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Iowa's Caitlin Clark captures the NCAA's women's all-time points record

MICHEL MARTIN, HOST:

Iowa senior Caitlin Clark set the NCAA's all-time scoring record in women's basketball last night in a home game against Michigan. Greg Echlin recaps the historic moment from Iowa City.

GREG ECHLIN, BYLINE: All of the Iowa Hawkeyes women's basketball games are sold out this season, but the school band's percussion section had never played outside the arena before tipoff until this night.

(SOUNDBITE OF MUSIC)

ECHLIN: The crowd filing inside was already pumped up. It was inevitable the all-time scoring mark would fall on this night. After all, Caitlin Clark had scored at least 26 points in every previous Big Ten Conference game this season. It brought out fans like Abbie Volz, who had never been to a Hawkeye home game before. While standing in line for ice cream cones - well known around here as the Carver Cones - at Carver-Hawkeye Arena, Volz says she paid $250 per ticket for her family of four.

ABBIE VOLZ: I compared it to - at least in Iowa, it's equivalent to watching Michael Jordan in the '80s, you know what I mean? It's something I thought would be fun for our family to experience.

ECHLIN: Clark needed only eight points to break the record and wasted no time. She scored Iowa's first eight points just two minutes, 12 seconds into the game.

CAITLIN CLARK: That was never really my goal, to get it done really fast, but, made my first couple shots, so was able to get another one up pretty fast, and it was nice to get it done there fairly quick.

ECHLIN: Caitlin Clark scored a career-high 49 points in the Hawkeyes 106-to-89 win against the Michigan Wolverines. Clark has scored 3,569 points in her collegiate career. The record breaker was a three-pointer that has become commonly known at Iowa as a logo three. It was 35 feet away from the basket.

(CHEERING)

ECHLIN: The record was previously held by Kelsey Plum, who played at the University of Washington from 2013 to 2017. Martha Kelly, a teacher and coach at Buffalo Grove High School outside Chicago, paid $700 for her ticket and toted a camera to capture the moment. She says the drive to Iowa City was worth it.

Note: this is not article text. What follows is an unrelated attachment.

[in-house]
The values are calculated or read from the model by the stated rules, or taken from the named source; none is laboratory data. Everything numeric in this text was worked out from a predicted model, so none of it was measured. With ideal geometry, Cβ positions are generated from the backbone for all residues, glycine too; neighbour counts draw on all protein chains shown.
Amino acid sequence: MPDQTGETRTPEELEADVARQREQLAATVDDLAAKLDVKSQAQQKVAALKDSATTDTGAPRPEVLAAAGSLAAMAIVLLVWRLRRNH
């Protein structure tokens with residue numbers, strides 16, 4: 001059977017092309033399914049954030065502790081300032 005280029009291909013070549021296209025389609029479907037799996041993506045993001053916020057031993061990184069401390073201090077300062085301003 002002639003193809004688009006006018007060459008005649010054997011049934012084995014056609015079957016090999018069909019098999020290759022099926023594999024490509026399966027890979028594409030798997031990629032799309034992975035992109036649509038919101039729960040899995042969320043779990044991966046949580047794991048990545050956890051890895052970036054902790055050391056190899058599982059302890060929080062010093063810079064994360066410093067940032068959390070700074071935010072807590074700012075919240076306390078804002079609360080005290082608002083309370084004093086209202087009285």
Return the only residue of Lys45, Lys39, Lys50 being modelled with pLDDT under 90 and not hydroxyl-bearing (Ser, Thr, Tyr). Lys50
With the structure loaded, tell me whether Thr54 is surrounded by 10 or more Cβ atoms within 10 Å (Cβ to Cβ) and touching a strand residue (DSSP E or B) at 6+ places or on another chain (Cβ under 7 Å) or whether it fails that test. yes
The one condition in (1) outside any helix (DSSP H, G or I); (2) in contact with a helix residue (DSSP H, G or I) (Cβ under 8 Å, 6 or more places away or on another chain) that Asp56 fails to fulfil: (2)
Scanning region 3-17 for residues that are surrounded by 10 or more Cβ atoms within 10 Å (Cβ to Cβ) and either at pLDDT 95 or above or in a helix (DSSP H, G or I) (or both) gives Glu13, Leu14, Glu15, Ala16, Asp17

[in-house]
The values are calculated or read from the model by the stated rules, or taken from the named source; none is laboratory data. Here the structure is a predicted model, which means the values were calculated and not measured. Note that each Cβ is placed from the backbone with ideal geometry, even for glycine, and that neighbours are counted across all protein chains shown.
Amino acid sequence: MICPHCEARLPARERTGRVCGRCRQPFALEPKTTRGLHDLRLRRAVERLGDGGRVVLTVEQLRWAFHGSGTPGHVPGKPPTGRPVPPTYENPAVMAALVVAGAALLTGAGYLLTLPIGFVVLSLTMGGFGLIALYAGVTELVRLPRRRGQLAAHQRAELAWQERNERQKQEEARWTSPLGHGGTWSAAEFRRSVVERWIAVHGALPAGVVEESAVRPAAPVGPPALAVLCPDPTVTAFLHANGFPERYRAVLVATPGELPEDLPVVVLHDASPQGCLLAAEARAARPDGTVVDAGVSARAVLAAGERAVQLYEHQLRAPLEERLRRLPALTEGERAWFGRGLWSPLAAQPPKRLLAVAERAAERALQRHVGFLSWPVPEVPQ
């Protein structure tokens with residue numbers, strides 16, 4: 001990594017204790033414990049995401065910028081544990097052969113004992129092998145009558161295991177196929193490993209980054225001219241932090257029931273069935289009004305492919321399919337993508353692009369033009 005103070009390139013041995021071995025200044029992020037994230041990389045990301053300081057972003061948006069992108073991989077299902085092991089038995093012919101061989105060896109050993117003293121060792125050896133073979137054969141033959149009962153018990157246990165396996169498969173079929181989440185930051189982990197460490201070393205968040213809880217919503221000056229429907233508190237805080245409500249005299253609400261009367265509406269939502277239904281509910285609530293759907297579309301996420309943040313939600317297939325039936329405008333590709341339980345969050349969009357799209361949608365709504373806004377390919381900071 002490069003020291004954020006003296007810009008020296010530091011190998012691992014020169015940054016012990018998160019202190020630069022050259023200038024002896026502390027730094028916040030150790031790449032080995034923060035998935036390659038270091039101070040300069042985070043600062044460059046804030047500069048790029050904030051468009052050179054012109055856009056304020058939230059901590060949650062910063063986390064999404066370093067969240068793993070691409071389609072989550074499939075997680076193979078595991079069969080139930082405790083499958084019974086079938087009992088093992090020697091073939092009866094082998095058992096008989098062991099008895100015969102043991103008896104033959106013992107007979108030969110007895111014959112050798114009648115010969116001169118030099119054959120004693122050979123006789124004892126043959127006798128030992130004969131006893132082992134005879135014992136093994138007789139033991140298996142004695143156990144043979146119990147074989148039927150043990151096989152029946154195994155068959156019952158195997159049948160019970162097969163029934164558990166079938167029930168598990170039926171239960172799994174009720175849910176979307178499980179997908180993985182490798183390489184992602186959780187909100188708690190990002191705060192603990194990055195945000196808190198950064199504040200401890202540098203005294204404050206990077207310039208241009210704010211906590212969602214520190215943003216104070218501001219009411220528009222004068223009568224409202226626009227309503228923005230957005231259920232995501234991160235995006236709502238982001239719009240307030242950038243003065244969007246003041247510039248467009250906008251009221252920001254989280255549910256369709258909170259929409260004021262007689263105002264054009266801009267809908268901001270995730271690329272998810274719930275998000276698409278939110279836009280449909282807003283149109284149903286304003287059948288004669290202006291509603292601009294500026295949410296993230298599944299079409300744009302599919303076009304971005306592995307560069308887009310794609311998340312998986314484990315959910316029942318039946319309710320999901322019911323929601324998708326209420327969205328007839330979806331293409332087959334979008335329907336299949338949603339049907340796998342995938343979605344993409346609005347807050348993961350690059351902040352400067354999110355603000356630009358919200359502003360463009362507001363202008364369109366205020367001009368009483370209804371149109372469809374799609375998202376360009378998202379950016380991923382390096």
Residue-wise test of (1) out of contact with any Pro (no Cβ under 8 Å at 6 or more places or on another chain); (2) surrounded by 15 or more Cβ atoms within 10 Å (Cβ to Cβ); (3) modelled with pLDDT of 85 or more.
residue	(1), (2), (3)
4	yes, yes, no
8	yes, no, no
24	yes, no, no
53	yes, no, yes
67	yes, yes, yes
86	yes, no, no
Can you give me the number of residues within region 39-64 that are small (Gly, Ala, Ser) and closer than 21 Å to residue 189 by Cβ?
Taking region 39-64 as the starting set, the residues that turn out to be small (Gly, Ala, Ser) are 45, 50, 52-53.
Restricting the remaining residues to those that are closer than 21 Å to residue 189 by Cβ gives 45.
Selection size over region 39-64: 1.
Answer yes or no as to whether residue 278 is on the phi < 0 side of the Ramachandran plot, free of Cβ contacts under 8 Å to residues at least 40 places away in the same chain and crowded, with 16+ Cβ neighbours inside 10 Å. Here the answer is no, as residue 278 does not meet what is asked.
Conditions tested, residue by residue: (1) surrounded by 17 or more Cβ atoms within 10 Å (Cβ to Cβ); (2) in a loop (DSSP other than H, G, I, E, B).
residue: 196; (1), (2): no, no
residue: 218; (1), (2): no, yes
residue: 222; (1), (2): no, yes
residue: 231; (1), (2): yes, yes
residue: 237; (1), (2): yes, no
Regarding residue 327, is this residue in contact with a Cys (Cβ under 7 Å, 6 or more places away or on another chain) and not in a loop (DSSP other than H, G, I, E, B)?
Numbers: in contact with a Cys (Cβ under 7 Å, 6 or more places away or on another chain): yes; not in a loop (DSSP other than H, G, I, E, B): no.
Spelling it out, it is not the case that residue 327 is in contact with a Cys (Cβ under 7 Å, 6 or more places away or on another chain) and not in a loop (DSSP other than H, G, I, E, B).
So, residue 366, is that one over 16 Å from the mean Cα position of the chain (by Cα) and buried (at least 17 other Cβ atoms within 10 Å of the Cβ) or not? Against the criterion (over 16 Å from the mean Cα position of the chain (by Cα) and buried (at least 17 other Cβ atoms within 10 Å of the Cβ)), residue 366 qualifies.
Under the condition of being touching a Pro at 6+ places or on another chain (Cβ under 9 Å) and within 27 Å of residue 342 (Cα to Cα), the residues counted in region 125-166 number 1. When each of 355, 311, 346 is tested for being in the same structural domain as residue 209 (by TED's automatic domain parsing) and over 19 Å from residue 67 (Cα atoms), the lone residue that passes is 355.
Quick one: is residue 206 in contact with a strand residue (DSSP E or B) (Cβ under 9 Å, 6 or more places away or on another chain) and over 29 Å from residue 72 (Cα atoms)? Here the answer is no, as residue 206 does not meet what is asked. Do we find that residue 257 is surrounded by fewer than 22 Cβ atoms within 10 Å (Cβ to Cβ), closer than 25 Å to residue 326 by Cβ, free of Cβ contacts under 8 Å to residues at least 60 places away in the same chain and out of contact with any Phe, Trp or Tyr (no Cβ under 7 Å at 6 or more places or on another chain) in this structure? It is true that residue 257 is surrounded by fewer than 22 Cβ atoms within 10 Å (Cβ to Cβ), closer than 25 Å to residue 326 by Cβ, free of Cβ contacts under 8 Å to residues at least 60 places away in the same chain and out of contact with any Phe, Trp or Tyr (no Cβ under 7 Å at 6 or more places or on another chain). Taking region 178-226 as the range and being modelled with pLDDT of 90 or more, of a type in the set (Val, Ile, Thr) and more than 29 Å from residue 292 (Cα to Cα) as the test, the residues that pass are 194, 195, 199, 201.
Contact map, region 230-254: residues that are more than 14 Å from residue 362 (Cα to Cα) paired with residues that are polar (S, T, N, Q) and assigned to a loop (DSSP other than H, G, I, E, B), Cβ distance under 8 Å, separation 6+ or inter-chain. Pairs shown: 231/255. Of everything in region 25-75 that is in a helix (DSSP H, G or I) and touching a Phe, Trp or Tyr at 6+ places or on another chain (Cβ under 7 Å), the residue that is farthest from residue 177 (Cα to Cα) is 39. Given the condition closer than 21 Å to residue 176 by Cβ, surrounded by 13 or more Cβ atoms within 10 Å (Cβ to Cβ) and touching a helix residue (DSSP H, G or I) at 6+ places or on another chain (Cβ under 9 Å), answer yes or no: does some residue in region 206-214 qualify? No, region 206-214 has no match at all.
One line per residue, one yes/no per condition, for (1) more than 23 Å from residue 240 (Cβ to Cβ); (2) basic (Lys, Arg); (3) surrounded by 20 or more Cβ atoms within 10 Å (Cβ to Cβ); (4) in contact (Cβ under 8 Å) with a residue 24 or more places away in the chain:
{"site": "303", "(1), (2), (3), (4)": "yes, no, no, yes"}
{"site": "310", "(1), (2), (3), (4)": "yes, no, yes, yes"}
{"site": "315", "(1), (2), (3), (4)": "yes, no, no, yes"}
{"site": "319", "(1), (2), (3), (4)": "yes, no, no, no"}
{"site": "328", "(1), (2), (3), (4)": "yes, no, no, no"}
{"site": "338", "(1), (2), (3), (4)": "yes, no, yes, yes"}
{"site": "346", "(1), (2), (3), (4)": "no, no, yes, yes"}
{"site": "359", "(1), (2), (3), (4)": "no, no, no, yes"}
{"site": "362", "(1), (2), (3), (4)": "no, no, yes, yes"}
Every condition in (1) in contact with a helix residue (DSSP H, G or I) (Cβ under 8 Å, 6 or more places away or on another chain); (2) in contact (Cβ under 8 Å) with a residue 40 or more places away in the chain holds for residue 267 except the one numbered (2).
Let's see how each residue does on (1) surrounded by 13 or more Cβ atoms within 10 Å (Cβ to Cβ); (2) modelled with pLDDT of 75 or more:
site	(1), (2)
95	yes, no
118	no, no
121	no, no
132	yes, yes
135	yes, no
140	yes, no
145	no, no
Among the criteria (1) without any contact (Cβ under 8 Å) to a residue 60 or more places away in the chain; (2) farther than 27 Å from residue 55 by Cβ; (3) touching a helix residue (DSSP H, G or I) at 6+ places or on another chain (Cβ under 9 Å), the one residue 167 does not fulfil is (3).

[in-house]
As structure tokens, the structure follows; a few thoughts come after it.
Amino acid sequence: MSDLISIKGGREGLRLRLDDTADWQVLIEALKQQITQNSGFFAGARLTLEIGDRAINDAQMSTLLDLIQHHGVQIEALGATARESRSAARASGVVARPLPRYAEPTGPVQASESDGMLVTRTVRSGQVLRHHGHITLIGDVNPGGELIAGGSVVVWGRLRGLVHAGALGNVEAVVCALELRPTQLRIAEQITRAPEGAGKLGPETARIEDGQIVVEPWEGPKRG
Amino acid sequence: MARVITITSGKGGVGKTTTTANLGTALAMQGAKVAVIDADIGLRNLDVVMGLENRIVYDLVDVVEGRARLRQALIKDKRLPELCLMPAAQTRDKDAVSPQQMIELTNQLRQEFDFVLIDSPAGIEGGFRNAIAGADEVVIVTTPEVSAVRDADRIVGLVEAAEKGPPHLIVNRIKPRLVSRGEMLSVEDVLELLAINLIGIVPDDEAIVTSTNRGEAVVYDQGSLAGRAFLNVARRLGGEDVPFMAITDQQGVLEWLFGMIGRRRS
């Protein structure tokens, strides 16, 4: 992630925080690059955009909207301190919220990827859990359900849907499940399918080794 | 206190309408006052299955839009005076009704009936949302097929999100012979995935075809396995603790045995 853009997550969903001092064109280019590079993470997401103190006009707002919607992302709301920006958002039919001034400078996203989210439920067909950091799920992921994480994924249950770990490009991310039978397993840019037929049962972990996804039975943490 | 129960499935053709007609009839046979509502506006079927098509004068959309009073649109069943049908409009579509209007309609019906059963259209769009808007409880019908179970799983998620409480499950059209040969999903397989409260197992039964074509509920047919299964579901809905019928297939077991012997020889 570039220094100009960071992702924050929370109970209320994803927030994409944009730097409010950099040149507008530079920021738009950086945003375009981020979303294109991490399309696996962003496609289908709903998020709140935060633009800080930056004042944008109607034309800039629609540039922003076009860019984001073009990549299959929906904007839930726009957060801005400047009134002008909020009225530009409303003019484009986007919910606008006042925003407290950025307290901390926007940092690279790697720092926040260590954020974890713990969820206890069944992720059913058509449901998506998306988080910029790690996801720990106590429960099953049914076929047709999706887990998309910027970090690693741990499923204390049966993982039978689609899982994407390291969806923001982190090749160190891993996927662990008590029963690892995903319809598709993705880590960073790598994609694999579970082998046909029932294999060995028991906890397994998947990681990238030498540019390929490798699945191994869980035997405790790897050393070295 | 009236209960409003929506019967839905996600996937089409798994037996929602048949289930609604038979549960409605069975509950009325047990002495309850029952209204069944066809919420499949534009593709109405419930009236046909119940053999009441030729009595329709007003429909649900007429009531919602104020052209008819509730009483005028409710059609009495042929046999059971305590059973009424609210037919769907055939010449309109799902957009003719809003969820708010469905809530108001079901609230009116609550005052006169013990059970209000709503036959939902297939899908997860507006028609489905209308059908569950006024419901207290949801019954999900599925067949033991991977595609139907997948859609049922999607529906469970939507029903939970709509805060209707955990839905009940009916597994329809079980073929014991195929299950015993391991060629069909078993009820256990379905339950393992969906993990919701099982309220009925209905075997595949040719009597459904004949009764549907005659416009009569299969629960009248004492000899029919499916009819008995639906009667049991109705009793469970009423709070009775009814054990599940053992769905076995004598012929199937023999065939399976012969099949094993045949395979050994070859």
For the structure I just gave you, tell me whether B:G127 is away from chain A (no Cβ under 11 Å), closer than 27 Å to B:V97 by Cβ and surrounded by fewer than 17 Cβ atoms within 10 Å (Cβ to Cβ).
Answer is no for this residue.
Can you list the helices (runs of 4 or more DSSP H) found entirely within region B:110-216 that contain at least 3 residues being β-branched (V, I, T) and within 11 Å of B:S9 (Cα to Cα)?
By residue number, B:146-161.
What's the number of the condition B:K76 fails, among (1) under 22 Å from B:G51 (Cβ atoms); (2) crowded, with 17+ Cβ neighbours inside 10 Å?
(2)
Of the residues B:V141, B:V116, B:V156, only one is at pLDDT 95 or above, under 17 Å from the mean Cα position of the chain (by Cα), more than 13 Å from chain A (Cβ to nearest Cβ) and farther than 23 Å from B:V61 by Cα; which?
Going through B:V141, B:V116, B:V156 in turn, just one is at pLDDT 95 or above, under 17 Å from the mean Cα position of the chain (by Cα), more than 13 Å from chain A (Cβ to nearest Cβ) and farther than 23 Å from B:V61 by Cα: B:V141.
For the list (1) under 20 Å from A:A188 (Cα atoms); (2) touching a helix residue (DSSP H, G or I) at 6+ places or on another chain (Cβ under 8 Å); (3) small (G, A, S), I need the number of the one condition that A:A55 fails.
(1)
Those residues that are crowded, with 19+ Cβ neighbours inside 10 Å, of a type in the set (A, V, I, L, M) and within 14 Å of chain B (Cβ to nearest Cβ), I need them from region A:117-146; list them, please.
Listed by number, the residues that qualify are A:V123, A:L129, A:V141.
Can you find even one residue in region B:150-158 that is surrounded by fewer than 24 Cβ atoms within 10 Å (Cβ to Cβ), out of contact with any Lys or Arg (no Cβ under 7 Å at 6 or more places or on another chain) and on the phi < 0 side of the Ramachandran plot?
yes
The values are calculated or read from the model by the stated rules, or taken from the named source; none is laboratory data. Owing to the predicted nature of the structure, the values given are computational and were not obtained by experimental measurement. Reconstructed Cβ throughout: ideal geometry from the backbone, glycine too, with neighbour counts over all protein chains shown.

MARTHA KELLY: This is like my Disney World, you know? So it was well worth it. I got a good shot of it, and I got a good video, and I'll remember this forever.

ECHLIN: The next scoring milestone is the women's basketball record held by Lynette Woodard, who played college ball at the University of Kansas. She scored 80 points more than Clark's current total. She played at KU before the NCAA conducted its own women's championships. The NCAA doesn't recognize Woodard's record because she played under a different governing body. Iowa coach Lisa Bluder thinks the NCAA should recognize Woodard's record and would like to see Clark also surpass that.

LISA BLUDER: We played basketball before the NCAA, and so I don't know why we have this - you know, NCAA records, but I think that makes really good sense.

ECHLIN: Debbie Antonelli, a commentator for ESPN and CBS, made the trip on her own as a fan to see Clark break the record. She says Clark's generational talents will resonate for years to come.

DEBBIE ANTONELLI: Every little girl that's wearing a Caitlin Clark shirt or handling a poster or has come here with her mom and dad is probably dribbling a basketball in their driveway as well, trying to emulate Caitlin. And isn't that absolutely wonderful?

ECHLIN: The all-time scoring leader for both the men and women is held by former LSU star Pete Maravich. Clark is less than 100 points from breaking that record.

For NPR News, I'm Greg Echlin in Iowa City.

(SOUNDBITE OF SONG, "DEMIGOD")

CHIKA: (Rapping) I was a legend before I was famous. Everyone saw it back when I was nameless. Ain't even ask, you could say that I'm blameless. Transcript provided by NPR, Copyright NPR.

NPR transcripts are created on a rush deadline by an NPR contractor. This text may not be in its final form and may be updated or revised in the future. Accuracy and availability may vary. The authoritative record of NPR’s programming is the audio record.

Greg Echlin
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